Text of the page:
This gem came out just before Joshua Tree, U2’s The Edge doing some soundtrack work, bringing in an unknown named Sinead O’Connor to sing a lead vocal so strong it inspires thoughts of an alternate pop-history, where U2 never goes supernova. Instead, they break up for whatever reason, Bono runs off and joins Van Halen, and the Edge sticks with young Sinead. They end up going to the Vatican, overthrowing the Pope and ruling the world. Satan (who it turns out was David Lee Roth all along) retires and moves to Calgary. A thousand years of peace ensue, except in Alberta.
“Two in a row from way the hell back in the U2 story (and as eventually found on the R.O.K. 12″), way before all the fame and riches and boredom. My boredom, that is. I blame Joshua Tree. Though I guess it wasn’t the songs so much as the environment. U2 just weren’t as good anymore in those huge stadiums. Give me the Commodore Ballroom any day, 1981, three dollar ticket, maybe a thousand curious punks and new wavers. I’m pretty sure they did Eleven O’Clock Tick Tock as the encore that night, and the whole show actually began with The Ocean. But either way, the place went mad. Or as a friend said at the time, it’s like they weren’t playing songs, they were playing us, the audience. The songs were what we sounded like. He’d dropped acid.” (Philip Random)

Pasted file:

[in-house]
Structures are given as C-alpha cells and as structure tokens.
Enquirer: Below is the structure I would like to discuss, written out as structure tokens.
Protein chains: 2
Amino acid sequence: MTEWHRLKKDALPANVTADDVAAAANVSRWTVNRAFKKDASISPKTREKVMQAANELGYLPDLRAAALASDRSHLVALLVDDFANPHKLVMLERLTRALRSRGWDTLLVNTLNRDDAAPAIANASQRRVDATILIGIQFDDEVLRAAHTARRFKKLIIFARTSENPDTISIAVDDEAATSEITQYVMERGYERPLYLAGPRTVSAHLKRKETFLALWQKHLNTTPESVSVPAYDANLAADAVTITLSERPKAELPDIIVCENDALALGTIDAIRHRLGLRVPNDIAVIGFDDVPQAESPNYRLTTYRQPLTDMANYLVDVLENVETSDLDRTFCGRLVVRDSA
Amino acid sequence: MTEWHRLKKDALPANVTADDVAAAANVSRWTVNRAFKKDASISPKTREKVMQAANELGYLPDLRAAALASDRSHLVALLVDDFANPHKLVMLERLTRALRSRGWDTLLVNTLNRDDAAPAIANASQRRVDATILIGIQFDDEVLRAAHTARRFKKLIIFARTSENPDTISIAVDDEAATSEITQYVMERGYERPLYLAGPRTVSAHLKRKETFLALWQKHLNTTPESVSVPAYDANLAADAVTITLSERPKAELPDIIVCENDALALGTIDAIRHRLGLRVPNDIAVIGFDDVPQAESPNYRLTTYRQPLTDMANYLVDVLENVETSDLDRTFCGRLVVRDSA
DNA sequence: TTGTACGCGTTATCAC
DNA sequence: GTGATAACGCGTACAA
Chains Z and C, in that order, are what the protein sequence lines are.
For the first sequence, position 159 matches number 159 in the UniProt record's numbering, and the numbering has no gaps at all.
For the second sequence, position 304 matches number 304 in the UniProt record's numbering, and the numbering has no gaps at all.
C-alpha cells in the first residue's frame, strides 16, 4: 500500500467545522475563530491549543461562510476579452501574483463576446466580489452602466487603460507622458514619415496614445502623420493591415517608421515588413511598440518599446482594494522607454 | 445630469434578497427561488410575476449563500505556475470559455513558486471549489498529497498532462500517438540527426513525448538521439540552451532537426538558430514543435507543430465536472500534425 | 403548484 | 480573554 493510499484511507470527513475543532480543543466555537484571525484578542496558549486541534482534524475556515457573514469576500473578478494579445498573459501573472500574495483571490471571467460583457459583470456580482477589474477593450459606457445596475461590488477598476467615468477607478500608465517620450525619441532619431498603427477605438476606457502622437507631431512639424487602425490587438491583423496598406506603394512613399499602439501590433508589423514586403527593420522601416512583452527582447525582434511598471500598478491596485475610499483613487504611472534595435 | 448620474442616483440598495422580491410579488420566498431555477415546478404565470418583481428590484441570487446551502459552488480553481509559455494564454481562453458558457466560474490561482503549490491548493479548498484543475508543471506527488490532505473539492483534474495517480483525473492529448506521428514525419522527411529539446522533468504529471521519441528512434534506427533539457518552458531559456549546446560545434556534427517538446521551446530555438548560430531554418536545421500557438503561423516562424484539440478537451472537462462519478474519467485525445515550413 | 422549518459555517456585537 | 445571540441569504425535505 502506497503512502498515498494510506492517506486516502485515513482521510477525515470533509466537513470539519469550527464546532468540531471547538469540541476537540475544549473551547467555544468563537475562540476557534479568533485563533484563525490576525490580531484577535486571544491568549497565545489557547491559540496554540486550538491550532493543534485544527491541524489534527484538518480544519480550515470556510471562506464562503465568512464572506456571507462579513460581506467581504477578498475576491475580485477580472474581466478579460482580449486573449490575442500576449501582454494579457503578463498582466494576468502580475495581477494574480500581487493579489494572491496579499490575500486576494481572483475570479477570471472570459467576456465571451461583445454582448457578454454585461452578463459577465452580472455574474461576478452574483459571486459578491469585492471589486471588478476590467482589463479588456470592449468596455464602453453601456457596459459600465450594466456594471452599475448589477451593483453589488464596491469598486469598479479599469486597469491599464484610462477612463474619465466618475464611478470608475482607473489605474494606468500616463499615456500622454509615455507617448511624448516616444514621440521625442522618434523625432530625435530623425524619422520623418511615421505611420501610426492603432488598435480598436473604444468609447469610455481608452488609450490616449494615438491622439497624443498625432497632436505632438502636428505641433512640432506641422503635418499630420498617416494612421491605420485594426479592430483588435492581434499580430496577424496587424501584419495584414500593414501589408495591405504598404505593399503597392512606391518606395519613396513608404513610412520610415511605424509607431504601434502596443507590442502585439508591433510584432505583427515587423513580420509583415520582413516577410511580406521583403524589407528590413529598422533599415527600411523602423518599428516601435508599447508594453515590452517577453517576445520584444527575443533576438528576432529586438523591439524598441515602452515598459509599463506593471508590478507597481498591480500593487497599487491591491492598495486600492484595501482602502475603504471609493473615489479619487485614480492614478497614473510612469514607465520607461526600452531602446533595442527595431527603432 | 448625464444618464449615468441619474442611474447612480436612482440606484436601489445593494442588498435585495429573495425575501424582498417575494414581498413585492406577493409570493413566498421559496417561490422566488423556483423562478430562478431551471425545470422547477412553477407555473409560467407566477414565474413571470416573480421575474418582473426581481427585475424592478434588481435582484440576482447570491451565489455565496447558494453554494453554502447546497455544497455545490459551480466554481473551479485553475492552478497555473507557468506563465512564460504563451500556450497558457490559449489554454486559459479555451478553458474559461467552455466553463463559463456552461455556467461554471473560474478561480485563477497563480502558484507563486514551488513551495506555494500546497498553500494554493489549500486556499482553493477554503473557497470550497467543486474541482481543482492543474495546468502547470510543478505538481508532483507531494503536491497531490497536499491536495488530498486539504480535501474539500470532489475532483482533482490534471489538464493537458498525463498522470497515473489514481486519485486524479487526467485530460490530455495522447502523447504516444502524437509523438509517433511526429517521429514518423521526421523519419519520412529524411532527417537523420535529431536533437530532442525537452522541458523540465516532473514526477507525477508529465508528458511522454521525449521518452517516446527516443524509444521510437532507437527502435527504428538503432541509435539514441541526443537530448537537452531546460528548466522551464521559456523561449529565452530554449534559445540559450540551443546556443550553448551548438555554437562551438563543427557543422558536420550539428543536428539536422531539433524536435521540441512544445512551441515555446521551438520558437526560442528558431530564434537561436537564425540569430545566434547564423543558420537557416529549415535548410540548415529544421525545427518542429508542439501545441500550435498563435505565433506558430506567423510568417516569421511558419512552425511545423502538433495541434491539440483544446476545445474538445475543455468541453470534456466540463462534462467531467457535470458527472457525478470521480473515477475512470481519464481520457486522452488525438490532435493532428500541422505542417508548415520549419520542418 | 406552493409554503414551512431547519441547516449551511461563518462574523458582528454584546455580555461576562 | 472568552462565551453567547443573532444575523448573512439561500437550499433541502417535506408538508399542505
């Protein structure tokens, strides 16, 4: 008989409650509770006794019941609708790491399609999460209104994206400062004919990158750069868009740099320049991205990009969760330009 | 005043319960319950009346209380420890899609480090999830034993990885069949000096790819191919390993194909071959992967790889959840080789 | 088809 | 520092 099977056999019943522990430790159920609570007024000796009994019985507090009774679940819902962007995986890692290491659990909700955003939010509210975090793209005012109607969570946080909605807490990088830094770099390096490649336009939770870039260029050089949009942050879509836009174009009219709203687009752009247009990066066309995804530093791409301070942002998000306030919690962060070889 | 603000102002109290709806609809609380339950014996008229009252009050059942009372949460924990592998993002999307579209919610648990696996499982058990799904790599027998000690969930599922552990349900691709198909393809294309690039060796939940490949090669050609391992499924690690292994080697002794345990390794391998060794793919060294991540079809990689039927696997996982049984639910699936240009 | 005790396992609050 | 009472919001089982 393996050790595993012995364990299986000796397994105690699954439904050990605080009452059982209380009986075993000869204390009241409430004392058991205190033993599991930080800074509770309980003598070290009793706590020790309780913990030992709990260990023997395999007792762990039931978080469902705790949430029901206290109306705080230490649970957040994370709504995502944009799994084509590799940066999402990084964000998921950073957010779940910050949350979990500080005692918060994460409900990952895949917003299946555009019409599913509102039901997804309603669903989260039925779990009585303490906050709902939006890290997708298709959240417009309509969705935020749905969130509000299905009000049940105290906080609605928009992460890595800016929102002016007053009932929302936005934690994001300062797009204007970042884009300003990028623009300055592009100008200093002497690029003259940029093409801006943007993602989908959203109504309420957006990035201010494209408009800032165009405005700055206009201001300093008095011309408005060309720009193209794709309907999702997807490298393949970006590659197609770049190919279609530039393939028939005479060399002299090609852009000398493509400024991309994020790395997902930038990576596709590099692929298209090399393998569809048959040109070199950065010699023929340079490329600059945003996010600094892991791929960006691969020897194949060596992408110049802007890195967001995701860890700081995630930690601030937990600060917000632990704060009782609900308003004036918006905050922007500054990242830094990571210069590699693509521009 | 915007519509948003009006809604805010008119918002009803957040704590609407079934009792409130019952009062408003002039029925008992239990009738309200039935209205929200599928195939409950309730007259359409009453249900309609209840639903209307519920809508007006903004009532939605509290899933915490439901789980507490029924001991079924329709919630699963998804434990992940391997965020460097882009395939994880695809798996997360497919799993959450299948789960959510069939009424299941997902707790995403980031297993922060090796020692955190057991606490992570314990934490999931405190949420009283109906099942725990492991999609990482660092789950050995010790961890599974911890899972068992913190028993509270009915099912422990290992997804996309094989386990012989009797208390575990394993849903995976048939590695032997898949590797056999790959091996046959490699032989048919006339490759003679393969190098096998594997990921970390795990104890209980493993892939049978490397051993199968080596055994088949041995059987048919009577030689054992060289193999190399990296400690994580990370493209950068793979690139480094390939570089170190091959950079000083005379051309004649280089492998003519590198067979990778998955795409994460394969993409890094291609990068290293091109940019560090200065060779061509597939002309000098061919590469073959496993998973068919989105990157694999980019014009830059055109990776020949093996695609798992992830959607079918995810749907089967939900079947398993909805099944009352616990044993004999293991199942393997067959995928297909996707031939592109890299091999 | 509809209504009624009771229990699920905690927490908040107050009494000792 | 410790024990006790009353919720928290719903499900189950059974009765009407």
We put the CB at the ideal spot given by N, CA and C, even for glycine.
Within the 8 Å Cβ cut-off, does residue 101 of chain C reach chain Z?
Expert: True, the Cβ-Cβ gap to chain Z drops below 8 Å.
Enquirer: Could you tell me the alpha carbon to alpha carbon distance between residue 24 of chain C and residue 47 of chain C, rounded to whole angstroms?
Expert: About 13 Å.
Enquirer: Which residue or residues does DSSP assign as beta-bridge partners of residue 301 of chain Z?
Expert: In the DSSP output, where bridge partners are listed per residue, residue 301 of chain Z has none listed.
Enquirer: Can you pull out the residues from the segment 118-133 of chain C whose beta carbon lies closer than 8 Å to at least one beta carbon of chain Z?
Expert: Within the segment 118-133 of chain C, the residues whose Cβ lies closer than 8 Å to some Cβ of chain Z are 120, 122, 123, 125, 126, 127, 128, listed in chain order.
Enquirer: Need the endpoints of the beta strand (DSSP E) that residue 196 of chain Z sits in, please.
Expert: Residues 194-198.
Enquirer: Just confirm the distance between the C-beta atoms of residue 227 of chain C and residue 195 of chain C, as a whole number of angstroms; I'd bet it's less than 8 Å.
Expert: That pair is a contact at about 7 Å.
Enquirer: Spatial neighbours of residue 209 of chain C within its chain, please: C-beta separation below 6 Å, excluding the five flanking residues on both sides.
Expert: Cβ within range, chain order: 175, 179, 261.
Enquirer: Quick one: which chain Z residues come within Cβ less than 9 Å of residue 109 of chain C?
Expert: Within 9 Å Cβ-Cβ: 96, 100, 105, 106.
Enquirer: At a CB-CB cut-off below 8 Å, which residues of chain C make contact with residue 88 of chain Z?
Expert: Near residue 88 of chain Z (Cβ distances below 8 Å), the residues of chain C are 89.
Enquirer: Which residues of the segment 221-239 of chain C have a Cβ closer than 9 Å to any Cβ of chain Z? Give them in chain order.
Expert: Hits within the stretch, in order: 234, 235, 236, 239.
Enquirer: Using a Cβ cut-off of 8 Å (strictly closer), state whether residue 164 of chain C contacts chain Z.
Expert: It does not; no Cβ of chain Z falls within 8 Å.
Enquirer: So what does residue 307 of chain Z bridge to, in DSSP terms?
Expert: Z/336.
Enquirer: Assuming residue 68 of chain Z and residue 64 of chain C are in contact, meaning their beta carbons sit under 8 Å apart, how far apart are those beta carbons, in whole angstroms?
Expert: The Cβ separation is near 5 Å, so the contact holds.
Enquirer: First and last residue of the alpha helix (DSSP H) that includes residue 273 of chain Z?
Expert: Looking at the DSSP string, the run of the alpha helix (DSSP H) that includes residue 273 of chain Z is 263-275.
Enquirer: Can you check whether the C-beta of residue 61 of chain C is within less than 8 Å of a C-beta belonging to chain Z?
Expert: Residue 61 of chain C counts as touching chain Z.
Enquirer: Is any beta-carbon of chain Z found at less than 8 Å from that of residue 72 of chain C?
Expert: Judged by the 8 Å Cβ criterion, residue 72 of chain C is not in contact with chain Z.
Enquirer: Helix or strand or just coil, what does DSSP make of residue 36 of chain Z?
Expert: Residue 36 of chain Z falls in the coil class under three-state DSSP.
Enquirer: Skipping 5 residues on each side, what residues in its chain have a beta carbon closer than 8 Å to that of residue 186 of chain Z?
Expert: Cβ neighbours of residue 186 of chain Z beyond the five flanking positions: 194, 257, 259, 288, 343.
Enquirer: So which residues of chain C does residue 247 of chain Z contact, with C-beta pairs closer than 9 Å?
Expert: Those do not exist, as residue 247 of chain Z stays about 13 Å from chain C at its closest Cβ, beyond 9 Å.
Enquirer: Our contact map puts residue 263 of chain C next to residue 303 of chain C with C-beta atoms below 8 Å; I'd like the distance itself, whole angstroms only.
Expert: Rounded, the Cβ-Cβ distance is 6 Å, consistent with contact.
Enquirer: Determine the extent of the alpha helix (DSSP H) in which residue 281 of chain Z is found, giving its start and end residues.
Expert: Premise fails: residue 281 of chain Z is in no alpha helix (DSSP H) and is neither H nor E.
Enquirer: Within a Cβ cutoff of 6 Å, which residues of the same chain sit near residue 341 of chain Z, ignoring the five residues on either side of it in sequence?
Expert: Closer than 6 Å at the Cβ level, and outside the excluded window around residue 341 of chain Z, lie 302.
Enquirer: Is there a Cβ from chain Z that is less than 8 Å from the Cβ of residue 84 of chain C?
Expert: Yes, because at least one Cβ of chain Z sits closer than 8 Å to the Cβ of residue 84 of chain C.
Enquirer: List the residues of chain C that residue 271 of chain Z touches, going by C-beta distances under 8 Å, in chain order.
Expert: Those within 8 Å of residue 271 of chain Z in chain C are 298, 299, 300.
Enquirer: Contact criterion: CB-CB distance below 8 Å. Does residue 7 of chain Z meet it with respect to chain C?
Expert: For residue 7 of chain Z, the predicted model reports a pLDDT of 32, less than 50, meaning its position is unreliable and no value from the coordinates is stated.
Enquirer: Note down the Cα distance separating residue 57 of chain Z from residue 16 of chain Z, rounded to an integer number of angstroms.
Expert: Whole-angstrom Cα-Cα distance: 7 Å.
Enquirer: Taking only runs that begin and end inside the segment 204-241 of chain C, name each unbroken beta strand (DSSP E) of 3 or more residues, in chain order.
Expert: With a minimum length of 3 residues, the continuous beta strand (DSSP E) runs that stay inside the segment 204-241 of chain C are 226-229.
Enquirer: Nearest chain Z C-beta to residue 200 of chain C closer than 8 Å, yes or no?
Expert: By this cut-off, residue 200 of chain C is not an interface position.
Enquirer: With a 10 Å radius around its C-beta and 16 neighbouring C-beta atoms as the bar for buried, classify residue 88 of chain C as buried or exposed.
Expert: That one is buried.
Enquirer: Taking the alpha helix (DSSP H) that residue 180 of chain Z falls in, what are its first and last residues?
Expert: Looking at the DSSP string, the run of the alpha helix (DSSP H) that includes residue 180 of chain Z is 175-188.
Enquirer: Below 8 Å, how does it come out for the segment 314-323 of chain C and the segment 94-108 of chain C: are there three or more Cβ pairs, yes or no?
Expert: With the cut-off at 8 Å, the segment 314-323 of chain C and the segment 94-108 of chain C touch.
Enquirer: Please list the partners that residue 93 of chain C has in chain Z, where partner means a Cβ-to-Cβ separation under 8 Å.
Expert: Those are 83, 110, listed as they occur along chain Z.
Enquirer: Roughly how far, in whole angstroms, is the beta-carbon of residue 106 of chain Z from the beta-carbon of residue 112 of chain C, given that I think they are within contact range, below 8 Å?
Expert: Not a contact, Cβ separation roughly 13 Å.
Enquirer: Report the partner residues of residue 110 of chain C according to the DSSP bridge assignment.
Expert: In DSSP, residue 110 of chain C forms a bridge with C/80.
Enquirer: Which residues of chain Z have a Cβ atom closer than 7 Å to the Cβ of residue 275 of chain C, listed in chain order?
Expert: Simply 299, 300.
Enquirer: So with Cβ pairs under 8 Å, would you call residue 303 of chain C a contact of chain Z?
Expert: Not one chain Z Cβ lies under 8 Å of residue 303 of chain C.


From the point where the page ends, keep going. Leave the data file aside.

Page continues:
Die young and rest assured, some record industry hack will make damned sure no recording that bears your name will remain lost on any shelf. Which, in the case of Gram Parsons, is a good thing, as it got us this straight up, true as nature take on Merle Haggard’s ballad about a guy who’s due to hang tomorrow, and he’s as ready as he’s ever gonna be. All credit to the rest of the Flying Burrito Bros, too, of course.